-h and --help display a usage message and exit. Because groff is intended to subsume most users' direct invocations of the troff(1) formatter, the two programs share a set of options. However, groff has some options specific to it, some of which troff does not share, and others which groff interprets differently. At the same time, not all valid troff options can be given to groff. groff-specific options The following options either do not exist for troff or are interpreted differently by groff. -D enc Set default input encoding used by preconv(1) to enc. Implies -k. -e Run eqn(1) preprocessor. -g Run grn(1) preprocessor. -G Run grap(1) preprocessor; implies -p. -I dir Works as troff's option (see below), but also implies -s and passes the -I options to soelim(1). -j Run chem(1) preprocessor; implies -p. -k Run preconv(1), which is run before any other preprocessor. Please refer to preconv's manual page for its behavior if neither of groff's -K or -D options is also specified. -K enc Set input encoding used by preconv(1) to enc. Implies -k. -l Send the output to a spooler program for printing. The “print” directive in the device description file specifies the default command to be used; see groff_font(5). If no such directive is present for the output device, output is piped to lpr(1). See options -L and -X. -L arg Pass arg to the print spooler program. If multiple args are required, each should be passed with a separate -L option each. groff does not prepend “-” (a minus sign) to arg before passing it to the spooler program. -N Don't allow newlines within eqn delimiters. This is the same as the -N option in eqn(1). -p Run pic(1) preprocessor. -P arg -P -option -P -option -P arg Pass arguments to the postprocessor. Each command-line option to a postprocessor must be specified with any required leading dashes “-” because groff passes the arguments as-is to the postprocessor; this permits arbitrary arguments to be transmitted. For example, to pass a title to the gxditview postprocessor, the shell command groff -X -P -title -P 'trial run' mydoc.t is equivalent to groff -X -Z mydoc.t | gxditview -title 'trial run' - -R Run refer(1) preprocessor. No mechanism is provided for passing arguments to refer because most refer options have equivalent language elements that can be specified within the document; see refer(1). -s Run soelim(1) preprocessor. -S Safer mode. Pass the -S option to pic and disable the following troff requests: .open, .opena, .pso, .sy, and .pi. For security reasons, safer mode is enabled by default. -t Run tbl(1) preprocessor. -T dev Prepare output for the device type dev; troff generates “intermediate output” (groff_out(5)) appropriate to the device. groff then calls a postprocessor to convert troff's output to a form appropriate for dev. Real devices in groff are dvi TeX DVI format (postprocessor is grodvi(1)). html xhtml HTML and XHTML output (preprocessors are soelim and pre-grohtml, postprocessor is post-grohtml). lbp Canon CAPSL printers (LBP-4 and LBP-8 series laser printers; postprocessor is grolbp(1)). lj4 HP LaserJet4-compatible (or other PCL5-compatible) printers (postprocessor is grolj4(1)). ps PostScript output (postprocessor is grops(1)). pdf Portable Document Format (PDF) output (postprocessor is gropdf(1)). For the following TTY output devices (where postprocessor is grotty(1)), -T selects the output encoding: ascii ISO 646 1991:IRV, also known as US-ASCII. cp1047 IBM code page 1047, an EBCDIC arrangement of ISO Latin-1. latin1 ISO Latin-1 (ISO 8859-1). utf8 ISO 10646 (“Unicode”) character set in UTF-8 encoding. This encoding has the largest character repertoire, so it is the best choice for terminal output. The following arguments select gxditview as the postprocessor. X75 75dpi resolution, 10pt document base font. X75-12 75dpi resolution, 12pt document base font. X100 100dpi resolution, 10pt document base font. X100-12 100dpi resolution, 12pt document base font. The default device is ps. -U Unsafe mode; see -S. -v --version Write version information of groff and of all programs run by it to the standard output stream; that is, the given command line is processed in the usual way, passing -v to all subprograms. -V Output the pipeline that would be run by groff (as a wrapper program) to the standard output stream, but do not execute it. If given more than once, the commands are both written to the standard error stream and run. -X Use gxditview(1) instead of using the usual postprocessor to (pre)view a document. The printing spooler behavior as outlined with options -l and -L is carried over to gxditview by determining an argument for its -printCommand option. This sets the default Print action and the corresponding menu entry to that value. -X produces good results only with -Tps, -TX75, -TX75-12, -TX100, and -TX100-12. The default resolution for previewing -Tps output is 75dpi, but this can be changed by passing the -resolution option to gxditview. groff -X -P-resolution -P100 -man foo.1 -z Suppress output generated by troff. Only error messages are printed. -Z Disable postprocessing. troff output will appear on the standard output stream (unless suppressed with -z); see groff_out(5) for a description of this format. Transparent options The following options are transparently handed over to the formatter program troff that is called by groff subsequently. These options are described in more detail in troff(1). -a Generate a plain text approximation of the typeset output. -b Backtrace on error or warning. -c Disable color output (to any device) and use legacy output format for terminal devices; see grotty(1). -C Enable compatibility mode. -d cs -d name=s Define string. -E Inhibit troff error messages; implies -Ww. -f fam Set default font family. -F dir Set path for device DESC files. -I dir Search dir for files (those on the command line, those named in .psbb and .so requests, and those named in certain device commands issued with the \X escape). -i Process standard input after the specified input files. -m name Include macro file name.tmac (or tmac.name); see also groff_tmac(5). -M dir Path for macro files. -n num Number the first page num. -o list Output only pages in list. -r cn -r name=n Set number register. -w name Enable warning category name. See troff(1) or the groff Texinfo manual for a list of names. -W name Disable warning category name. See troff(1) or the groff Texinfo manual for a list of names.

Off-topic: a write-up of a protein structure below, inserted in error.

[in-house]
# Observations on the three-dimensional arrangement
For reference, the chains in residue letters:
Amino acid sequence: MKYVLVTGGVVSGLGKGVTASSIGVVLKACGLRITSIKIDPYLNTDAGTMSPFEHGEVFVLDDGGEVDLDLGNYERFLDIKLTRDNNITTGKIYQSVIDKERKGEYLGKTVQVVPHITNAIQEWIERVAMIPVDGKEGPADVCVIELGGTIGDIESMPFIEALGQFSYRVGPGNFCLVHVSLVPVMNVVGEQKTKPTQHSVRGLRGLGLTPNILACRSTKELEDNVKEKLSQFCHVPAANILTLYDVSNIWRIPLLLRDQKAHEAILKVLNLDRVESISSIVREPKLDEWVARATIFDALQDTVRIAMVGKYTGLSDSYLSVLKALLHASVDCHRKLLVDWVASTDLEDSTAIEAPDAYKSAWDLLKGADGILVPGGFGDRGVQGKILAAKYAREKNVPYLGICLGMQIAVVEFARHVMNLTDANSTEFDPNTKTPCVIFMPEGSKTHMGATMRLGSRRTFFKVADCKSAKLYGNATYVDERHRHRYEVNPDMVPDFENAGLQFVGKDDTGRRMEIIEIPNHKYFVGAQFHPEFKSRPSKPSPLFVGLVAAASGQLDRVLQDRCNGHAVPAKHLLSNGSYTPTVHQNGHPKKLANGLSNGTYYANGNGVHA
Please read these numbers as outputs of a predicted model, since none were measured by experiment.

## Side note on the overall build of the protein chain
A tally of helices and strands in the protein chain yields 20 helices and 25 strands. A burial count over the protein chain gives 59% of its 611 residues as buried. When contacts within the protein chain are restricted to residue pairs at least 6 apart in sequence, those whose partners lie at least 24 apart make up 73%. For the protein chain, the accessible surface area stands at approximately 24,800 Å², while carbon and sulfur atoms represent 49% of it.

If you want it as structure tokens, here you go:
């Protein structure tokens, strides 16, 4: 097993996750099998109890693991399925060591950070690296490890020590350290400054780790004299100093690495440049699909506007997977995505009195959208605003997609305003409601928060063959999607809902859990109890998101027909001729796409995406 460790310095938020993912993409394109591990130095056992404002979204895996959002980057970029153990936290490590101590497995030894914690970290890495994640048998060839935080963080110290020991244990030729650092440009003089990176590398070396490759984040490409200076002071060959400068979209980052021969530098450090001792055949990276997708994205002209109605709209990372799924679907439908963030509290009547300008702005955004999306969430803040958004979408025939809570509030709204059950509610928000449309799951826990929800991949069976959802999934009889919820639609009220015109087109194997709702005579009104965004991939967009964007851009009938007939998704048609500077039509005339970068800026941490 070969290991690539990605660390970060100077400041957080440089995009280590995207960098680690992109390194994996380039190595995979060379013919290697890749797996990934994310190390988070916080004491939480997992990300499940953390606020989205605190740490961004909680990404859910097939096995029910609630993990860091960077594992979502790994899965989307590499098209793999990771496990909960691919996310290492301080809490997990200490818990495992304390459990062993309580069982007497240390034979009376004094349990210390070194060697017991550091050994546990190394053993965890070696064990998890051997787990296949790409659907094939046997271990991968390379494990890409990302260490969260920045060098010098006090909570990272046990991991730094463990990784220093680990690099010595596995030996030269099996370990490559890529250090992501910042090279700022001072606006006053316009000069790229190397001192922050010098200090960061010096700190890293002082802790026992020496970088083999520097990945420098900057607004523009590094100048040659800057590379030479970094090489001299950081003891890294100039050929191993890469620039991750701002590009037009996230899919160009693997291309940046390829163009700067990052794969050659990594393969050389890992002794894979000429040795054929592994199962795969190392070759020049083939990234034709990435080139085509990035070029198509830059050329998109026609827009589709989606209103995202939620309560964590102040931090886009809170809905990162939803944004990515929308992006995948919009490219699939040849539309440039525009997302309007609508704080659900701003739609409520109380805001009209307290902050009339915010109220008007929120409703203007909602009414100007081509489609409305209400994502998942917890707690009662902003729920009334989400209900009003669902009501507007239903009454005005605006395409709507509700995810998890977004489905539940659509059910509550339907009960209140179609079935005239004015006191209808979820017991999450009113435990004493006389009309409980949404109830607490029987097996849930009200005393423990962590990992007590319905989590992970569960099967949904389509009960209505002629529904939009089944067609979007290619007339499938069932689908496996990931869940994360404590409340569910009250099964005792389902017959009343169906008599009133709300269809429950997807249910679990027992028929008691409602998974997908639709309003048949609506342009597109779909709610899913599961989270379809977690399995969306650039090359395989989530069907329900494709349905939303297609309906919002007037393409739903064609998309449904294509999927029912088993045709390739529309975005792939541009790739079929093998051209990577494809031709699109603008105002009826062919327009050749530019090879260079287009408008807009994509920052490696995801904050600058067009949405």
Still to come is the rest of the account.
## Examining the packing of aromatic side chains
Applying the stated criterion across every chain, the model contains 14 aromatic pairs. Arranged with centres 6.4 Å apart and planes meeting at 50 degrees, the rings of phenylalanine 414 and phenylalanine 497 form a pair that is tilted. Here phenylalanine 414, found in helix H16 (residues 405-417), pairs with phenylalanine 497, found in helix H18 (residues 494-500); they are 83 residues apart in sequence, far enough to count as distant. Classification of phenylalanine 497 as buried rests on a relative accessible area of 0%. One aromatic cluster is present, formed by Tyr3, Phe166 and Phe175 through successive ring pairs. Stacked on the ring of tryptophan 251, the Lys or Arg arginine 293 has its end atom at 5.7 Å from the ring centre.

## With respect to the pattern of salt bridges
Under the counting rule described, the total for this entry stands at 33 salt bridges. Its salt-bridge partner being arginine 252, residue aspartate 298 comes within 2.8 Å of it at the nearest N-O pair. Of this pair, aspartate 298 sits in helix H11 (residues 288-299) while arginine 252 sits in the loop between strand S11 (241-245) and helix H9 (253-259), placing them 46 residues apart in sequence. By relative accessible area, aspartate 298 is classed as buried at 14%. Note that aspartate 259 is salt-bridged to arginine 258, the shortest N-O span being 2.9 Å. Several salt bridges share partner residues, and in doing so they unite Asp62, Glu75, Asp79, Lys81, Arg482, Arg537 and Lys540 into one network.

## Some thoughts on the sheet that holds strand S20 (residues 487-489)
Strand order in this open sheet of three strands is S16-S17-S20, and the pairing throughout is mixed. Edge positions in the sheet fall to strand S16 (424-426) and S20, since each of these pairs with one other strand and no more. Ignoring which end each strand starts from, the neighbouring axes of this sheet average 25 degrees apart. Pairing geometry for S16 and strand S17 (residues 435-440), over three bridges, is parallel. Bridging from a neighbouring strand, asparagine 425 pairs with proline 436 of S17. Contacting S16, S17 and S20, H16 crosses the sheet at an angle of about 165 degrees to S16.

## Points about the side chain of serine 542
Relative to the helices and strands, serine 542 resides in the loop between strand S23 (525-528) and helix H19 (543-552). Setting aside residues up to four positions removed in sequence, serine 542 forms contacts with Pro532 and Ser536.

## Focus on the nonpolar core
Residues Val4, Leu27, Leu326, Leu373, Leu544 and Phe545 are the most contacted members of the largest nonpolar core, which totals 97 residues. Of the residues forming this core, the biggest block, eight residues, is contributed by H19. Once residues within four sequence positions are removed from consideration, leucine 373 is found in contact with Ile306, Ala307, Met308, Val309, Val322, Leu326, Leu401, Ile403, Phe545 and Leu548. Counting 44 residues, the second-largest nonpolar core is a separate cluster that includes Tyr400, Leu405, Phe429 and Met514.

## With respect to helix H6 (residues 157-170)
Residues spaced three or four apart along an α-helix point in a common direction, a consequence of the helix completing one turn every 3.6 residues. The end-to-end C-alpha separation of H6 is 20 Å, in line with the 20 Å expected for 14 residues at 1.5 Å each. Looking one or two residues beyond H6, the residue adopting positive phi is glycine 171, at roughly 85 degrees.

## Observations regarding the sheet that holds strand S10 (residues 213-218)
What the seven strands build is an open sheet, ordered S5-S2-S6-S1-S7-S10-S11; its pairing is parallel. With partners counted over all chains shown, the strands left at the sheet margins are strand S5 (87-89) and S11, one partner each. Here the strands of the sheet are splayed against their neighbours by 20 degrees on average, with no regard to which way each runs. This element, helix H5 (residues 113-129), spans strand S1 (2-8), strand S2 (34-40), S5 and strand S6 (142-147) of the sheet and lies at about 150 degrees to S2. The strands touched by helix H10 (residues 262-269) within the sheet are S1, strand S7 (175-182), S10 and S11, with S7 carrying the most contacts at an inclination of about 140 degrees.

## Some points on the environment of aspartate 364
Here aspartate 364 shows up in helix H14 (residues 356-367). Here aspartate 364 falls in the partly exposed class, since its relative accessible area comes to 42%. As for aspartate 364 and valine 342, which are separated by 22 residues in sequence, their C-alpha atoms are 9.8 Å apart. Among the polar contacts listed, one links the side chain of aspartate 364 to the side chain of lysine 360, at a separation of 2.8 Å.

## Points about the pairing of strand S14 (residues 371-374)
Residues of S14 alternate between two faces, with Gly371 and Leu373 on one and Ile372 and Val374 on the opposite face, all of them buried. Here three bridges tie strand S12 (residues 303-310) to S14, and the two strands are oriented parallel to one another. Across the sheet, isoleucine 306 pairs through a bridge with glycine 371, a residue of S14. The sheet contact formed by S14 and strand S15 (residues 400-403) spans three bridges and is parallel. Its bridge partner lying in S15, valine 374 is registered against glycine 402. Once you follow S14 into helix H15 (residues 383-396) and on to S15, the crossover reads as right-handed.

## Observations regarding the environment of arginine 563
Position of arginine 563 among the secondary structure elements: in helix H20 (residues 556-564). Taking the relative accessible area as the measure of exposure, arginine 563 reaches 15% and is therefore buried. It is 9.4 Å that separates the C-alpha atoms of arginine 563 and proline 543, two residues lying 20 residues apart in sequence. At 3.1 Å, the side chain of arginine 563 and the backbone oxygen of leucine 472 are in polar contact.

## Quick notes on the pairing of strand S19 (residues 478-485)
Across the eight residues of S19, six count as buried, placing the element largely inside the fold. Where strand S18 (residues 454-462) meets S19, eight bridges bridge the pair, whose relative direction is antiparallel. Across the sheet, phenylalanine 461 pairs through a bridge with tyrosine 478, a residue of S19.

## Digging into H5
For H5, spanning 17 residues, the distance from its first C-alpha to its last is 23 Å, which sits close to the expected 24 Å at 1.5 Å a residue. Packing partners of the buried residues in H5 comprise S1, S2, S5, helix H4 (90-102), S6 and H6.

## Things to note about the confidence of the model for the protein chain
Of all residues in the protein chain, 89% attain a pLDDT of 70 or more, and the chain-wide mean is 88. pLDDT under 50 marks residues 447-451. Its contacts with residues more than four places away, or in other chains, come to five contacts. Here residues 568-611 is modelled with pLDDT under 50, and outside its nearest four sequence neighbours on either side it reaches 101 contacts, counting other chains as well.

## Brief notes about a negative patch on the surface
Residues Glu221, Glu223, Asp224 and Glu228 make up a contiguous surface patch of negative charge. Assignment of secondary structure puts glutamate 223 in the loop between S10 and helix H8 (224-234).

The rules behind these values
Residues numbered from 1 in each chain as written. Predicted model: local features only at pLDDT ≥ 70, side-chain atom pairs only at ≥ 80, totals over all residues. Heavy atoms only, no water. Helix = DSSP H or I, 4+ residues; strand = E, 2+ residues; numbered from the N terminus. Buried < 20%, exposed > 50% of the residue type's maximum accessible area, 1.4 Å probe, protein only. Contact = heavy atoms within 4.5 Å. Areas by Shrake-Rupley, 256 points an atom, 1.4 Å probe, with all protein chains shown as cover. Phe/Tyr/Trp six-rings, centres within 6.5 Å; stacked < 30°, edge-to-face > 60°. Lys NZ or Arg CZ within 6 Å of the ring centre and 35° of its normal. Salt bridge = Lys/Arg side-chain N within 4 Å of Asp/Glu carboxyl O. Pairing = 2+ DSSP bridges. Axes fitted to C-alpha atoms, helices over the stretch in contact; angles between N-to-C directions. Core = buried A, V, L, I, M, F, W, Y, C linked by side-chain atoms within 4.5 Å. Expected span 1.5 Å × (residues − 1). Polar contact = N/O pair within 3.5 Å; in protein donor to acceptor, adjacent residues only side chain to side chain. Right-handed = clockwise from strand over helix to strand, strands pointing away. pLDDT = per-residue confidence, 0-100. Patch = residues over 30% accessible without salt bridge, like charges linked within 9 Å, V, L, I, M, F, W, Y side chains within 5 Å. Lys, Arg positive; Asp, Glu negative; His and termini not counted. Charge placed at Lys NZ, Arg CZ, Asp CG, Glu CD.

The architecture of the GNU roff system follows that of other device-independent roff implementations, comprising preprocessors, macro packages, output drivers (or “postprocessors”), a suite of utilities, and the formatter troff at its heart. See roff(7) for a survey of how a roff system works. The front end programs available in the GNU roff system make it easier to use than traditional roffs that required the construction of pipelines or use of temporary files to carry a source document from maintainable form to device-ready output. The discussion below summarizes the constituent parts of the GNU roff system. It complements roff(7) with groff-specific information. Getting started Those who prefer to learn by experimenting or are desirous of rapid feedback from the system may wish to start with a “Hello, world!” document. $ echo "Hello, world!" | groff -Tascii | sed '/^$/d' Hello, world! We used a sed command only to eliminate the 65 blank lines that would otherwise flood the terminal screen. (roff systems were developed in the days of paper-based terminals with 66 lines to a page.) Today's users may prefer output to a UTF-8-capable terminal. $ echo "Hello, world!" | groff -Tutf8 | sed '/^$/d' Producing PDF, HTML, or TeX's DVI is also straightforward. The hard part may be selecting a viewer program for the output. $ echo "Hello, world!" | groff -Tpdf > hello.pdf $ evince hello.pdf $ echo "Hello, world!" | groff -Thtml > hello.html $ firefox hello.html $ echo "Hello, world!" | groff -Tdvi > hello.dvi $ xdvi hello.html Using groff as a REPL Those with a programmer's bent may be pleased to know that they can use groff in a read-evaluate-print loop (REPL). Doing so can be handy to verify one's understanding of the formatter's behavior and/or the syntax it accepts. Turning on all warnings with -ww can aid this goal. $ groff -ww -Tutf8 \# This is a comment. Let's define a register. .nr a 1 \# Do integer arithmetic with operators evaluated left-to-right. .nr b \n[a]+5/2 \# Let's get the result on the standard error stream. .tm \n[b] 3 \# We can see that the division rounded toward zero. \# Now we'll define a string. .ds name Leslie\" This is another form of comment. .nr b (\n[a] + 7/2) \# Center the next two text input lines. .ce 2 Hi, \*[name]. Your secret number is \n[b]. It is \# Here's an if-else control structure. .ie (\n[b] % 2) odd. .el even. \# This trick sets the page length to the current vertical \# position, so that blank lines don't spew when we're done. .pl \n[nl]u <Control-D> Hi, Leslie. Your secret number is 4. It is even. Paper size In groff, the page dimensions for the formatter troff and for output devices are handled separately. In the formatter, requests are used to set the page length (.pl), page offset (or left margin, .po), and line length (.ll). The right margin is not explicitly configured; the combination of page offset and line length provides the information necessary to derive it. The papersize macro package, automatically loaded by troffrc at start-up, provides an interface for configuring page dimensions by convenient names, like “letter” or “A4”; see groff_tmac(5). The default used by the formatter depends on its build configuration, but is usually one of the foregoing, as geographically appropriate. It is up to each macro package to respect the page dimensions configured in this way. For each output driver, the size of the output medium can be set in its DESC file. Most output devices also recognize a command- line option -p to override the default dimensions and an option -l to use landscape orientation. See groff_font(5) for a description of the papersize keyword, which takes an argument of the same form as -p. The output driver's man page, such as grops(1), may also be helpful. groff uses the command-line option -P to pass options to output devices; for example, use the following for PostScript output on A4 paper in landscape orientation. groff -Tps -dpaper=a4l -P-pa4 -P-l -ms foo.ms > foo.ps Front ends The groff program is a wrapper around the troff(1) program. It allows one to specify the preprocessors by command-line options and automatically runs the postprocessor that is appropriate for the selected device. Doing so, the sometimes tedious piping mechanism of traditional roff(7) systems can be avoided. The grog(1) program can be used to infer an appropriate groff command line to format a document. Preprocessors The groff preprocessors are reimplementations of the classical preprocessors with moderate extensions. The standard preprocessors distributed with the groff package are eqn(1) for mathematical formulae, grn(1) for including gremlin(1) pictures, pic(1) for drawing diagrams, chem(1) for chemical structure diagrams, refer(1) for bibliographic references, soelim(1) for including macro files from standard locations, and tbl(1) for tables. A new preprocessor not available in classical troff is preconv(1) which converts various input encodings to something groff can understand. It is always run first before any other preprocessor. Besides these, there are some internal preprocessors that are automatically run with some devices. These aren't visible to the user. Macro packages Macro packages can be loaded prior to a roff input document by using the option -m. The groff system implements most well-known macro packages for AT&T troff in a compatible way, extends them, and adds some packages of its own. Several of them have one- or two-letter names due to the intense sense of naming economy practiced in early Unix culture. This laconic approach led to many of the packages being identified in general usage with the nroff and troff option letter used to invoke them, sometimes to punning effect, as with “man” (short for “manual”), and even with the option dash, as in the case of the s package, much better known as ms or even -ms. Macro packages serve a variety of purposes. Some are “full- service” packages, adopting responsibility for page layout among other fundamental tasks, and defining their own lexicon of macros for document composition; each of these stands alone and a given document can use at most one. GNU roff provides the following such packages. an is used to compose man pages in the format originating in Version 7 Unix (1979); see groff_man(7). It can be specified on the command line as -man-old; the package name “an” is used to force the loading of andoc instead (see below). doc is used to compose man pages in the format originating in 4.3BSD-Reno (1990); see groff_mdoc(7). It can be specified on the command line as -mdoc. andoc is a wrapper package specific to groff that recognizes whether a document uses man or mdoc format and loads the corresponding macro package. It can be specified on the command line as -mandoc or -man; groff redirects -man users through this wrapper because users typically are not aware of which macro package was used to compose a given man page. e is the Berkeley general-purpose document formatter, developed as an alternative to AT&T's s; see groff_me(7). It can be specified on the command line as -me. m is the second-generation AT&T general-purpose document formatter, a successor to s; see groff_mm(7). It can be specified on the command line as -mm. om (invariably called “mom”) is a modern package written by Peter Schaffter specifically for groff. Consult the mom home page ⟨https://www.schaffter.ca/mom/⟩ for extensive documentation. She—for mom takes the female pronoun—can be specified on the command line as -mom. s is the original AT&T general-purpose ms document formatter; see groff_ms(7). It can be specified on the command line as -ms. Others are supplemental, and augment the function of the full- service packages, or of roff documents that do not employ such a package—the latter are sometimes characterized as “raw”. These auxiliary packages are described, along with details of macro file naming and placement, in groff_tmac(5). Programming language General concepts common to all roff programming languages are described in roff(7). The groff extensions to the classical troff language are documented in groff_diff(7). An overview of language features, including all supported escapes and requests, can be found in groff(7). Formatters The central roff formatter within the groff system is troff(1). It provides the features of both the classical troff and nroff, as well as the groff extensions. The command-line option -C switches troff into compatibility mode which tries to emulate classical roff as much as possible. There is a shell script nroff(1) that emulates the behavior of classical nroff. It tries to automatically select the proper output encoding, according to the current locale. The formatter program generates a device-independent, but not device-agnostic, intermediate output format, documented in groff_out(5). Devices In roff, the output targets are called devices. A device can be a piece of hardware, e.g., a printer, or a software file format. A device is specified by the option -T. The groff devices are as follows. ascii Text output using the ascii(7) character set. cp1047 Text output using the EBCDIC code page IBM cp1047 (e.g., OS/390 Unix). dvi TeX DVI format. html HTML output. latin1 Text output using the ISO Latin-1 (ISO 8859-1) character set; see iso_8859_1(7). lbp Output for Canon CAPSL printers (LBP-4 and LBP-8 series laser printers). lj4 HP LaserJet4-compatible (or other PCL5-compatible) printers. ps PostScript output; suitable for printers and previewers like gv(1). pdf PDF files; suitable for viewing with tools such as evince(1) and okular(1). utf8 Text output using the Unicode (ISO 10646) character set with UTF-8 encoding; see unicode(7). xhtml XHTML output. X75 75dpi X Window System output suitable for the previewers xditview(1x) and gxditview(1). A variant for a 12pt document base font is X75-12. X100 100dpi X Window System output suitable for the previewers xditview(1x) and gxditview(1). A variant for a 12pt document base font is X100-12. The postprocessor to be used for a device is specified by the postpro command in the device description file; see groff_font(5). This can be overridden with the -X option. The default device is ps. Postprocessors groff provides 3 hardware postprocessors: grolbp(1) for some Canon printers, grolj4(1) for printers compatible to the HP LaserJet 4 and PCL5, grotty(1) for text output using various encodings, e.g., on text- oriented terminals or line printers. Today, most printing or drawing hardware is handled by the operating system, by device drivers, or by software interfaces, usually accepting PostScript. Consequently, there isn't an urgent need for more hardware device postprocessors. The groff software devices for conversion into other document file formats are grodvi(1) for the DVI format, grohtml(1) for HTML and XHTML formats, grops(1) for PostScript. gropdf(1) for PDF. Combined with the many existing free conversion tools this should be sufficient to convert a troff document into virtually any existing data format. Utilities The following utility programs around groff are available. addftinfo(1) Add information to troff font description files for use with groff. afmtodit(1) Create font description files for PostScript device. eqn2graph(1) Convert an eqn image into a cropped image. gdiffmk(1) Mark differences between groff, nroff, or troff files. grap2graph(1) Convert a grap diagram into a cropped bitmap image. gxditview(1) The groff X viewer, the GNU version of xditview. hpftodit(1) Create font description files for lj4 device. indxbib(1) Make inverted index for bibliographic databases. lkbib(1) Search bibliographic databases. lookbib(1) Interactively search bibliographic databases. pdfroff(1) Create PDF documents using groff. pfbtops(1) Translate a PostScript font in .pfb format to ASCII. pic2graph(1) Convert a pic diagram into a cropped image. tfmtodit(1) Create font description files for TeX DVI device. xditview(1x) roff viewer historically distributed with the X Window System. xtotroff(1) Convert X font metrics into GNU troff font metrics.